Itâs not out of the ordinary for medical students to spend their summers abroad working in clinics and gaining invaluable experience. But a UC Irvine cohort has an additional mission: sharing their knowledge of portable technologies that will transform how medicine is practiced.
Teams traveling to Australia, Nicaragua, Peru and China/Vietnam have brought along the iPads they received before starting classes last year, which came loaded with course work and applications that enable mobile healthcare. Their aim? To show how tablet computing can accompany and improve medical education and clinical care.
Some of the students have also brought portable ultrasound units to teach physicians in the field how the devices can serve myriad diagnostic purposes. And theyâreÂ blogging about their adventuresÂ on the iMedEd International website.
âI never expected when I went to medical school that Iâd be training other students and physicians how to use iPads and portable ultrasound,â says Carter English, whoâs among the group at Australiaâs University of New England, whichÂ recently partnered with the UCI School of MedicineÂ to share educational resources via high-speed broadband. âItâs exciting to be on the forefront of a drastically changing medical world.â
The work is an outgrowth of UCIâs groundbreaking iMedEd Initiative, a completely digital, interactive approach to preparing future physicians to practice 21st century healthcare. Through this program, UCI students are becoming leaders in the medical usage of novel technologies.
Some formed theÂ iMedEd Innovators Group, which reviews apps and products for a worldwide audience of tech-driven medical students and doctors. Others hostedÂ UltraFest 2012, which drew more than 200 medical, osteopathic and physician assistant students from 14 California schools to the campus to learn how hand-held ultrasound devices could let them peer into the human body in a way theyâd never done before.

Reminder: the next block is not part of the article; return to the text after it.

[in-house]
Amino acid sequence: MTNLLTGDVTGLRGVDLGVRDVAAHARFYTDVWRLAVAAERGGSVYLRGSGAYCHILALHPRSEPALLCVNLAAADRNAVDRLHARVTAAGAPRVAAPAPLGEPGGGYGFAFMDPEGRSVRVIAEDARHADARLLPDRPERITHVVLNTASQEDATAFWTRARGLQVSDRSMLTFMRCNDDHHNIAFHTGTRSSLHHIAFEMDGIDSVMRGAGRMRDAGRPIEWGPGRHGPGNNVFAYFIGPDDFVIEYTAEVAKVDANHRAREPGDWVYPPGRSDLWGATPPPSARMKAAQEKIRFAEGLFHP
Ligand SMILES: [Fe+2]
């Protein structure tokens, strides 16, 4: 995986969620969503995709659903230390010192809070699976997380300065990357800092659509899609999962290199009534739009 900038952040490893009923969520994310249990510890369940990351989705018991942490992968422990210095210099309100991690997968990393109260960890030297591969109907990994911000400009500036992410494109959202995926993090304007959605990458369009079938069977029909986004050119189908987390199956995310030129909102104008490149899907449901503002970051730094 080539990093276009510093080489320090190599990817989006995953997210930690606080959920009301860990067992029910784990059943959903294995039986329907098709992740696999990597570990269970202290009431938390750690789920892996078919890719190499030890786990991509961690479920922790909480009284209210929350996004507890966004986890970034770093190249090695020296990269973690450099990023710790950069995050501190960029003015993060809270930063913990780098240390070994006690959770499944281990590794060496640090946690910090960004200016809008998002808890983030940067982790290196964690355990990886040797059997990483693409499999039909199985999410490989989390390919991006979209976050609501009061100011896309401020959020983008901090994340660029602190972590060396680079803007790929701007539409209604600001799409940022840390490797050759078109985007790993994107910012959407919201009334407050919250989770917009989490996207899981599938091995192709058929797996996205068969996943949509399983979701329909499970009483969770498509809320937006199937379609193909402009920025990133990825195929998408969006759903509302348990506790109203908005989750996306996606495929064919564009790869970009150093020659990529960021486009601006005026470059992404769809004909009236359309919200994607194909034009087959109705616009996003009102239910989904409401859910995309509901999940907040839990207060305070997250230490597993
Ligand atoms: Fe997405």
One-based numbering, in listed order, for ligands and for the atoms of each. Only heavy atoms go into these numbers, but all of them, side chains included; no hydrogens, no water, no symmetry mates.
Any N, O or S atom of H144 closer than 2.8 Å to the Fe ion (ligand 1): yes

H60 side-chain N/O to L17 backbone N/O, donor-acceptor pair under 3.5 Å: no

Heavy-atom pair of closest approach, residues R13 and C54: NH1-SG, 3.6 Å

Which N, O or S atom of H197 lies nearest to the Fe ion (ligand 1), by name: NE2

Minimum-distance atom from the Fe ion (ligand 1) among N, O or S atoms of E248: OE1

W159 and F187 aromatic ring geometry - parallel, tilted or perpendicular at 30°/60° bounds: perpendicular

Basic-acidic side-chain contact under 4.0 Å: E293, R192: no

âNo other medical school is putting so much of an effort into changing the culture of medical education,â says Dr. Warren Wiechmann, faculty director of the instructional technologies group that oversees the iMedEd Initiative. âAnd our students are doing some incredible things with these tools.â
While English and his classmates are in rural Australia, another contingent of UCI medical students is employing portable ultrasound with Nicaraguan doctors to help address the nationâs mysterious epidemic of chronic kidney disease. Jonathan Patane blogs about one end-stage patient being âonly 27 years old, which demonstrates how devastating the effects of chronic kidney disease are on the farm workers of Central America.â
A third group is utilizing iPads in Peruvian clinics. Despite a citywide power outage, a spider scare and a teammate with food poisoning, UCI student Chanel Fischetti blogs of her first day of work: âIt was an incredible experience. We were able to âŠ apply so much of our first-year knowledge and get awesome hands-on training. âŠ Not to mention, we have had ample practice with our medical Spanish.â
And the final cohort is touring Chinese and Vietnamese hospitals with the tablet computers. âWe hope to share our knowledge of the iPads so that they can be used in clinics as reference tools or record-keeping devices,â says student Kambria Nguyen.
âWe also want to learn how they can be involved with distance consultations, which can bring specialized-care access to remote, impoverished areas. Weâre only starting to scratch the surface of whatâs possible.â